Home & Design

A frameless Lucius fireplace in a wall of porcelain tile separates the kitchen and the family room.

Lisa Weiss selected finishes in the kitchen, where a refrigerator and freezer flank a central pantry.

Peter Salerno Inc. crafted the cabinets in contrasting white lacquer and whitewashed butternut wood.

Textured concrete tile creates a backsplash behind the Thermador range.

A room in the Weiss basement contains synthetic-ice flooring so son Christopher can practice shooting pucks.

The family performed in the 2015 “Family Skating Tribute.”

Weiss's home gym displays medals, a skate blade from the 2002 Salt Lake City games and the Olympic torch he carried through Alexandria.

Father and son train at a Reston rink.

Tiny Annie Mae joined Michael at the 2000 U.S. National Championships.

A stone-covered front entry and wood beams embellish the façade.

A two-story foyer, which opens to the dining room. The mirror is from Z Gallerie.

Lisa, who owns the Wine Cellar Company, designed the wine room.

Henredon chests and art from Z Gallerie grace the master suite.

Lisa Weiss designed the master bath with a custom vanity, marble flooring and a Eurofase chandelier.

The dressing room features a Cambria-topped island.

Michael and Lisa Weiss share a moment on the custom banquette in their breakfast room/kitchen.

Private Tour Family Affair

Olympian Michael Weiss applies the drive and precision of a champion skater to his new custom residence in McLean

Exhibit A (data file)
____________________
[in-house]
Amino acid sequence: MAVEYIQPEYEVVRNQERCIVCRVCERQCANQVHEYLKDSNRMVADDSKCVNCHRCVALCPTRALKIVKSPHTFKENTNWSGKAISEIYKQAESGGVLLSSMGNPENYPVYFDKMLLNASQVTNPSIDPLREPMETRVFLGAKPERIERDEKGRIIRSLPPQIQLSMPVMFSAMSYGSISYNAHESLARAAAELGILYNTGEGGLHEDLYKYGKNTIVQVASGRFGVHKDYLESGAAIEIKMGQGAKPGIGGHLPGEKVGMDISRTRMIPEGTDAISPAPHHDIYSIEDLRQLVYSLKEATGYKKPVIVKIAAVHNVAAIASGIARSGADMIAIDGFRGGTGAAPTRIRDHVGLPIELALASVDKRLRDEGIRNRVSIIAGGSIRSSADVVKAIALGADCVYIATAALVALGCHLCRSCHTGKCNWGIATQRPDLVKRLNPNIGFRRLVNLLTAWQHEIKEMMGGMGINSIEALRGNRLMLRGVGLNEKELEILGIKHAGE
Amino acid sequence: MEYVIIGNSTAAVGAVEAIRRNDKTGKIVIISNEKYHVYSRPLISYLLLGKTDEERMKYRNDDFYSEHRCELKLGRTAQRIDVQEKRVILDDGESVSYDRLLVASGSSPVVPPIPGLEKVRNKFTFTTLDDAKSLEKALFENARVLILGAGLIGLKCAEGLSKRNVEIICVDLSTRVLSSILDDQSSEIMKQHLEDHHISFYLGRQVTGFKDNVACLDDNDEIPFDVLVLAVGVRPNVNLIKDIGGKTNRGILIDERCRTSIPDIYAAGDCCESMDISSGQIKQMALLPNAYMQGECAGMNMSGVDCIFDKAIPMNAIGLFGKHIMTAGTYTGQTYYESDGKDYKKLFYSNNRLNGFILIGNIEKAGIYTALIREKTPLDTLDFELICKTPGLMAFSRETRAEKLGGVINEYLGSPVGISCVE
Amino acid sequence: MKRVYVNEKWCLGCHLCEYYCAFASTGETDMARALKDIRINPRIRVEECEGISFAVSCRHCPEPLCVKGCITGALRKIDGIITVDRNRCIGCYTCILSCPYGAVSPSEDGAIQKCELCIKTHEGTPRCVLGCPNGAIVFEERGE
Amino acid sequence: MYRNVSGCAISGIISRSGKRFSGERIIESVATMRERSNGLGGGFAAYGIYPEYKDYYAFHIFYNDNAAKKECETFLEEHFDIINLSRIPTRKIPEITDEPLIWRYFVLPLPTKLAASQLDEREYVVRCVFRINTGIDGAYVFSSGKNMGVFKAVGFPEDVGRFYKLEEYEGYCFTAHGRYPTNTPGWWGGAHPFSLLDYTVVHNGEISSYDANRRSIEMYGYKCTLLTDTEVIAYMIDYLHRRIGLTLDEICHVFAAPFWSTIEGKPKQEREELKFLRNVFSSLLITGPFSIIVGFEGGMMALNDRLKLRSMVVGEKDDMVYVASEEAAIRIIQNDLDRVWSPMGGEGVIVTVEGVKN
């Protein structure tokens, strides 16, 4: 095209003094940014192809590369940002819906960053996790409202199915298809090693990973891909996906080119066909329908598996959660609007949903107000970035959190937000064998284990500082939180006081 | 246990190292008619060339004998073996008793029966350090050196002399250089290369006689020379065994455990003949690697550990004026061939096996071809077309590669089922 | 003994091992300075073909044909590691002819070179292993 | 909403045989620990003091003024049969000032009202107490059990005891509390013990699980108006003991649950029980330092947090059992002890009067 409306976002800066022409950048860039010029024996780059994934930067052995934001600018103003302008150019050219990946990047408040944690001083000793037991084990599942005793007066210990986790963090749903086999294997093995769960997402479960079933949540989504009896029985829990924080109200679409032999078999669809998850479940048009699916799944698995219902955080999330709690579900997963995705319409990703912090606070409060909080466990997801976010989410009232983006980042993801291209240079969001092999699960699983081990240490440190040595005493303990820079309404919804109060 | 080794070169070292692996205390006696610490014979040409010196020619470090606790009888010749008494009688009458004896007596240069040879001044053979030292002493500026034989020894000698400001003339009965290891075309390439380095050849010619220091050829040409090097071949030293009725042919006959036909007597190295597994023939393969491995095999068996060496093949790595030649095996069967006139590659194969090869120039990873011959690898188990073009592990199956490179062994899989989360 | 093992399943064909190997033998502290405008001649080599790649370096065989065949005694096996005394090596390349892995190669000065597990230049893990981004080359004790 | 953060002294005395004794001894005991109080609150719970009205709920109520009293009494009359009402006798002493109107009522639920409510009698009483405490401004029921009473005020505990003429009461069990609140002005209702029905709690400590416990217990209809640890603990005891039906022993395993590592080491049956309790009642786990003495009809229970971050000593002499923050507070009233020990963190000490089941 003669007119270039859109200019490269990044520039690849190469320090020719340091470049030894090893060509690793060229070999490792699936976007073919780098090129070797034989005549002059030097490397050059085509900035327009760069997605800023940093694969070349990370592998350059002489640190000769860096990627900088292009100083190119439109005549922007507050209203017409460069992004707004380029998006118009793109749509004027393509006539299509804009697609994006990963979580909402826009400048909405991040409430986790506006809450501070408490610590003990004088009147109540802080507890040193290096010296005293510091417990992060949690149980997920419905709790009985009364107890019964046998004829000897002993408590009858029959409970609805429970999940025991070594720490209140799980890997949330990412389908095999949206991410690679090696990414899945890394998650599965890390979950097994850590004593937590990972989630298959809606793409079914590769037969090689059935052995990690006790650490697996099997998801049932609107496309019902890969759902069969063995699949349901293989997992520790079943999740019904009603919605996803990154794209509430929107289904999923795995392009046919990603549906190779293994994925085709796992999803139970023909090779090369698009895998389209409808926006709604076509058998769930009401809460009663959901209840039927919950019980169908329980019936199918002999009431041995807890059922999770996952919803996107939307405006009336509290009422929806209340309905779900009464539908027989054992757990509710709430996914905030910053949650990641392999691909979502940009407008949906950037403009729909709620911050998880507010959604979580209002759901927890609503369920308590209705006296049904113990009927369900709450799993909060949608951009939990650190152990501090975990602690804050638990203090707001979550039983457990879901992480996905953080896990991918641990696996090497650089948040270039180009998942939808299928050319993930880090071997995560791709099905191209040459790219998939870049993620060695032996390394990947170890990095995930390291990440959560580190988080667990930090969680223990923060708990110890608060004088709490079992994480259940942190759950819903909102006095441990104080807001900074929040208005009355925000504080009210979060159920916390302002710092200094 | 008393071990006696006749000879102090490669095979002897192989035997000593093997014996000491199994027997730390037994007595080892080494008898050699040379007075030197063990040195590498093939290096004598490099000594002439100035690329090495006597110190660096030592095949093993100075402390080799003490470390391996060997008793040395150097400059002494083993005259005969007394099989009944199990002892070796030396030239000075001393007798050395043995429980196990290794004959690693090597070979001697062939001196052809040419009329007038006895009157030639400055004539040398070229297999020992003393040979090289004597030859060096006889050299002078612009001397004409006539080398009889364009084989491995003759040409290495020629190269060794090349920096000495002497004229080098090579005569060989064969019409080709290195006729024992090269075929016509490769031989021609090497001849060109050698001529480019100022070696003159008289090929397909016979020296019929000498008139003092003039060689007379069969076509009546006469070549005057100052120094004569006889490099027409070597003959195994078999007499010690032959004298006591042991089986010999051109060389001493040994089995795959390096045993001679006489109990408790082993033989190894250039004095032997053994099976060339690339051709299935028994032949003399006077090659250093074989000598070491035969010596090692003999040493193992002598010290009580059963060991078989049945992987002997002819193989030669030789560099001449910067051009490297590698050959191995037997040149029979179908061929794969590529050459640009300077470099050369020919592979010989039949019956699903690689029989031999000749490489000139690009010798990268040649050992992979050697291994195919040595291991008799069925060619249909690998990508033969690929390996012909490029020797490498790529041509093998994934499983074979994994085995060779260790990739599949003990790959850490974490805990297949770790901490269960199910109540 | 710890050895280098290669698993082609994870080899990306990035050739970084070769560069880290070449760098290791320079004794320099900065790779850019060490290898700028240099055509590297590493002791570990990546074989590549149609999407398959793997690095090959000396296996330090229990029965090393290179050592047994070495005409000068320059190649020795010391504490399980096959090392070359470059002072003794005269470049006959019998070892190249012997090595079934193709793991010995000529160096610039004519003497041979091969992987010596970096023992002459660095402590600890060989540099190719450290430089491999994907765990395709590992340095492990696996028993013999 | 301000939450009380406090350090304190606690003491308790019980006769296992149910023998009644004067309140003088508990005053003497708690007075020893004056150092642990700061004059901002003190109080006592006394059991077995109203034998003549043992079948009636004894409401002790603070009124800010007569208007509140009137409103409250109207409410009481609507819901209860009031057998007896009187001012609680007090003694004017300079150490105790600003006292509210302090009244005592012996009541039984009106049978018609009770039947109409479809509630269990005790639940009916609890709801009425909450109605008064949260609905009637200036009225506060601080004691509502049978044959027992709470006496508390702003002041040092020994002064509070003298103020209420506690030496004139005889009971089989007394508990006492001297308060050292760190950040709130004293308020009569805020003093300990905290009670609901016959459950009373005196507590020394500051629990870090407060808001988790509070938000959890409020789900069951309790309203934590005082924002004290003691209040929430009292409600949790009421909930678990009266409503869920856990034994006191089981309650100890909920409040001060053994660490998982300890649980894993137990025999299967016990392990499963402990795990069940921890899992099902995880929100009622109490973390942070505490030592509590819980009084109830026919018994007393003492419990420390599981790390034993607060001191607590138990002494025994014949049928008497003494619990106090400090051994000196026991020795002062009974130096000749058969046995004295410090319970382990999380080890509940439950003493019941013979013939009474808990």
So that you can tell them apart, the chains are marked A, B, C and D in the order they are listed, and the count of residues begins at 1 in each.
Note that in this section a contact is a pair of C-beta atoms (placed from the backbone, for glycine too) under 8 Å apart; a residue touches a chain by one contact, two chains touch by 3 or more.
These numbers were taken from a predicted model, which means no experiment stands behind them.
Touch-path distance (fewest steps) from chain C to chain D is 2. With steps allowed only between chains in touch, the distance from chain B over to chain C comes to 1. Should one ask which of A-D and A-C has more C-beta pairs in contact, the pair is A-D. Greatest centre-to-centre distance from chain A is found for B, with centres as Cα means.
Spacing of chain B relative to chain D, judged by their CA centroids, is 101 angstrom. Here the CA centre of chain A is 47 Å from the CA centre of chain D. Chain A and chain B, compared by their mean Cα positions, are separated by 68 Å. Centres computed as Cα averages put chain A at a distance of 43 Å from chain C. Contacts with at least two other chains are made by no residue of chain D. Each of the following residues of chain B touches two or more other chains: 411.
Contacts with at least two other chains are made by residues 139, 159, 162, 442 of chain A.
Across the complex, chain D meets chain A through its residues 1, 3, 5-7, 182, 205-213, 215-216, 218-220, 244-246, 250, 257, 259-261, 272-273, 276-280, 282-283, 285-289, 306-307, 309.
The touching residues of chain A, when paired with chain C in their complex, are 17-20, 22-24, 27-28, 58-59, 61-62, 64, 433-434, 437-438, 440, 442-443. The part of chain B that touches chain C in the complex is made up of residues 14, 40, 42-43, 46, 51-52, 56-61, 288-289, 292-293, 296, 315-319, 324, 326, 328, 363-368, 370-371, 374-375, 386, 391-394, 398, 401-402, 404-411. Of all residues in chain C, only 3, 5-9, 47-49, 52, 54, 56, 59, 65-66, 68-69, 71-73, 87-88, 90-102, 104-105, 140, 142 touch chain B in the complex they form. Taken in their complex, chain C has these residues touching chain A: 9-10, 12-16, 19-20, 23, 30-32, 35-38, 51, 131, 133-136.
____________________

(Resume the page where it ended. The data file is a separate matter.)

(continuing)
When he’s not pulling off perfect triple lutzes on the ice or hosting star-studded skating shows, two-time Olympian Michael Weiss can be found studying house plans and visiting construction sites. In 2009, the Fairfax, Virginia, native founded Airleen Homes, a high-end residential building company. His largest project to date: the McLean residence he shares with wife Lisa and their children, Annie Mae, 18, and Christopher, 17.

On a gleaming January morning, Weiss was just back from a week on the skating circuit. During the 2017 U.S. Figure Skating Championships in Kansas City, he provided live commentary for the online IceNetwork. Then he flew to Ft. Lauderdale to co-host the “Colgate Skating & Gymnastics Spectacular” with fellow Olympian Kristi Yamaguchi (airing on ABC February 18 and March 4). And he still performs, most recently last fall during a weeklong tour in Brazil.

“I love skating and being a part of it,” he says. “Then, coming home I quickly change hats.”